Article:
Both urban and rural development set the tone for fostering self-reliant progress. A sum of Rs 25,464 crore has been allocated for developing both these sectors in the coming year; up by 13% over the sum provided in the state’s 2020-21 budget.
Are the state’s “public debt” levels alarming as they are expected to touch Rs 233,115 crore or be 28.52% of the state’s GDP by March 31, 2021? Cumulatively speaking, yes! But if one were to overlook ‘past profligacy’ and focus on the ‘borrowings’ proposed in this budget for the year 2021-22, the figure is Rs 49463 crores. Debt, per se, is not bad. Economists analyse debts on the basis of two criterion; namely, inter-generational equity and sustainability.
If debts are used for spending on productive areas such as power, irrigation, roads etc the state’s economy would strengthen over time and the ‘future generations’ would benefit. And this is what Devda proposes to do out of the ‘borrowings’ in FY 2021-22. Of the Rs 49463 crores of ‘public debt’ to be incurred in 2021-22, Rs 44152 crore have been provided for ‘capital spending’; implying that 89% of the ‘debt’ or ‘borrowings’ is to be deployed on ‘productive spending’ conveying hope for the state’s “future generations”.
For the debt to be “sustainable”, the 11th Finance Commission had suggested that the interest – revenue receipts ratio must not exceed 18%. This ratio is only 12.72% for the year 2021-22 signifying that the debt levels of the state are “sustainable”.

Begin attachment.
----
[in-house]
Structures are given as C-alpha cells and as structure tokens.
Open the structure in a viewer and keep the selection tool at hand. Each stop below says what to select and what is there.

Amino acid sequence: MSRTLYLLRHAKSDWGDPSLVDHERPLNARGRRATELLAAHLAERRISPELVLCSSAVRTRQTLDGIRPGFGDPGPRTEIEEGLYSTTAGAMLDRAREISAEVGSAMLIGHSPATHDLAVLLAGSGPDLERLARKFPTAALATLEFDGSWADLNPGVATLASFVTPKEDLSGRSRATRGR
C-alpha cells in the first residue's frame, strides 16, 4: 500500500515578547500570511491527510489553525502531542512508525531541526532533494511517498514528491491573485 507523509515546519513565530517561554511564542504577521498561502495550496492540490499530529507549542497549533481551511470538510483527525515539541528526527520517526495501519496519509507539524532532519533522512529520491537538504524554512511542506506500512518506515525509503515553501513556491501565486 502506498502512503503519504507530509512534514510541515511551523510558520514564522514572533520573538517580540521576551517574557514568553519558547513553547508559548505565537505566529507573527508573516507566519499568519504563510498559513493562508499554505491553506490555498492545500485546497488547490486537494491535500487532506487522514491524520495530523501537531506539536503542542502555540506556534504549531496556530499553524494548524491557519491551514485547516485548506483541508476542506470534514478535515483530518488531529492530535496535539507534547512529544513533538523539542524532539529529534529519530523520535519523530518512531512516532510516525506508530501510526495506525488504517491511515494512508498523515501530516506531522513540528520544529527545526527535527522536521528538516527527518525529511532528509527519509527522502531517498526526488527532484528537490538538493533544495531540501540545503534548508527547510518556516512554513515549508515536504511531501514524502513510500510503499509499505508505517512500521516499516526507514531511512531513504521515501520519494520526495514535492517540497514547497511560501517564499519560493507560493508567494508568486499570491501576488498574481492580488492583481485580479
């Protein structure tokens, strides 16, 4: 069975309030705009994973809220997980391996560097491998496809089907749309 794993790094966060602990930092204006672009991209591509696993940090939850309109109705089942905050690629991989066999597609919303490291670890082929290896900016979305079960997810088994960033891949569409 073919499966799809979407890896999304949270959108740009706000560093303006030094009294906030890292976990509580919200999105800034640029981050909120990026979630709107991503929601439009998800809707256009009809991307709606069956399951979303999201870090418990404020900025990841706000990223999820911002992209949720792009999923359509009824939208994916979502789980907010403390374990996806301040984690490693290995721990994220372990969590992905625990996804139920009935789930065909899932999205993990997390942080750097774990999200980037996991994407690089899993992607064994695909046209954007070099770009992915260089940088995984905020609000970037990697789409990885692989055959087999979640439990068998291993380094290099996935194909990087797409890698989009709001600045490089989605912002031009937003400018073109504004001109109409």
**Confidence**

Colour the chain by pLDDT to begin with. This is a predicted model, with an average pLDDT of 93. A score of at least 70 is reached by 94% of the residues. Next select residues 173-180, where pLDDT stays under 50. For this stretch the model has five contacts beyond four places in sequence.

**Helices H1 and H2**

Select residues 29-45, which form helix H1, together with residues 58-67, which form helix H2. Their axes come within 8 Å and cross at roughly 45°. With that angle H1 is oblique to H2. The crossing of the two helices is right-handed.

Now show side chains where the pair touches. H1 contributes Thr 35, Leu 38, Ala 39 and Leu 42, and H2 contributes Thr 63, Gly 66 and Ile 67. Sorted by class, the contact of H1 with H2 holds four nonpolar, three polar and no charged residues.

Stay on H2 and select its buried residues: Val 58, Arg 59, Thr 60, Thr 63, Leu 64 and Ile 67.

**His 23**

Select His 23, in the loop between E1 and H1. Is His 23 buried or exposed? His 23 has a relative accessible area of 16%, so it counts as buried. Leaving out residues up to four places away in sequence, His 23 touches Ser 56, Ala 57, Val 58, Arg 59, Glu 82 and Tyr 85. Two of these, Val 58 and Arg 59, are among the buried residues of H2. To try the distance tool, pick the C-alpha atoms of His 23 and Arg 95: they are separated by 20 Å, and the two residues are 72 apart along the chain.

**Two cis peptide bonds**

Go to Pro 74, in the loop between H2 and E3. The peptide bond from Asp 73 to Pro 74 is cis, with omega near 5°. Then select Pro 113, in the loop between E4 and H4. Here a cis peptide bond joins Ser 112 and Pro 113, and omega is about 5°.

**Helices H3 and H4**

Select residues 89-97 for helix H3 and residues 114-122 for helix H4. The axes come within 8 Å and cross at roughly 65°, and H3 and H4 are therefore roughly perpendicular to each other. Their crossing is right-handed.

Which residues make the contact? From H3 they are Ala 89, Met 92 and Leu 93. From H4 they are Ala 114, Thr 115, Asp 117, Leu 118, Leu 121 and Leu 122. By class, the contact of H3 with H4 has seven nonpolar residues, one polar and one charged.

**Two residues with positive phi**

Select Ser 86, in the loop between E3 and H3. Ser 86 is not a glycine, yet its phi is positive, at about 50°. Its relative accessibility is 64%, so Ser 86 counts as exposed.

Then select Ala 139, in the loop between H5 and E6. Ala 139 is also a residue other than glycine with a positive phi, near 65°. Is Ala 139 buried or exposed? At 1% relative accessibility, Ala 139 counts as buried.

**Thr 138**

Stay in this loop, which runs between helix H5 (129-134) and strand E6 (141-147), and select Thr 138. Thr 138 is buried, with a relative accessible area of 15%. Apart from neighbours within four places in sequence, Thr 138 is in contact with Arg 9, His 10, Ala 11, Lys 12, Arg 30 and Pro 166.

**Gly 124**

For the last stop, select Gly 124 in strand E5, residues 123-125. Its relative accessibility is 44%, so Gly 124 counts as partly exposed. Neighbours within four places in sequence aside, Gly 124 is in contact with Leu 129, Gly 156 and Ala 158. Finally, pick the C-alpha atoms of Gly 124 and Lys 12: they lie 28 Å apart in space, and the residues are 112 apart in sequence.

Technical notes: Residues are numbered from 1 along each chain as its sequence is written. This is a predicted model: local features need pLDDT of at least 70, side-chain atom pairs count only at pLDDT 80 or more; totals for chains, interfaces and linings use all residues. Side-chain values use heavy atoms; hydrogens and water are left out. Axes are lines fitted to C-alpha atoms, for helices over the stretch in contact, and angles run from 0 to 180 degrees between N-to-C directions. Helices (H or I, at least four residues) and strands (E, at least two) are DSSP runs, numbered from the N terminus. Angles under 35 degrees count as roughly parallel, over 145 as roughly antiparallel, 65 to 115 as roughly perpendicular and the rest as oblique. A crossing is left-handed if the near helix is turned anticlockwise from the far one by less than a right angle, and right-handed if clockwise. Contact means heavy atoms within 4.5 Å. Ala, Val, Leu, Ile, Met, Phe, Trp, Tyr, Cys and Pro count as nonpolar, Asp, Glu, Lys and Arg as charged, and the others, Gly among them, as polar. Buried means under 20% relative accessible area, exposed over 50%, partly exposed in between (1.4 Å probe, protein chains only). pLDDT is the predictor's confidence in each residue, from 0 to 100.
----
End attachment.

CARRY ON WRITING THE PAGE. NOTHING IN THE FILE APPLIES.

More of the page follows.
And considering the widespread ramifications of the 2020-21 Covid-19 pandemic on the state’s economy, the state’s ‘resource mobilisation’ efforts have not been particularly bad. The state’s ‘own tax revenues’ in 2020-21 were Rs 53147 crore; falling by just Rs 2708 crore from the Rs 55855 crores collected in 2019-20. Likewise, the state’s ‘non-tax revenues’ in 2020-21 were Rs 9715 crore; decreasing by just Rs 634 crore from the Rs 10349 crore collected in 2019-20.
However, there is one area where the FM could have done much more. Given the adverse effect of the Covid-19 pandemic on employment and the fact that there is an estimated backlog of 25 lakh unemployed in the state, the FM should have launched a frontal attack on joblessness.
While he has announced creation of 24000 jobs for teachers and 4000 for police personnel, this is too little. A “big bang’ approach for creating jobs was needed at this juncture.
The manufacturing sector is one sector which creates bulk jobs for all categories of workers; namely, unskilled, semi-skilled and skilled. The FM should have announced some initiatives to rev up the manufacturing sector in the state. Tourism is another sector that has immense potential for jobs. Besides, the state has huge untapped potential in this sector. The FM should have unveiled a detailed roadmap for the development of this sector along with the necessary financial provisions.
The Micro, Small and Medium Enterprise (MSME) sector is another employment-intensive sector. The FM should have come out with special packages, concessions, tax rebates and subsidies to promote this sector.
C. Rajasekhar is the Former All India Convenor of the BJP’s Economic Cell.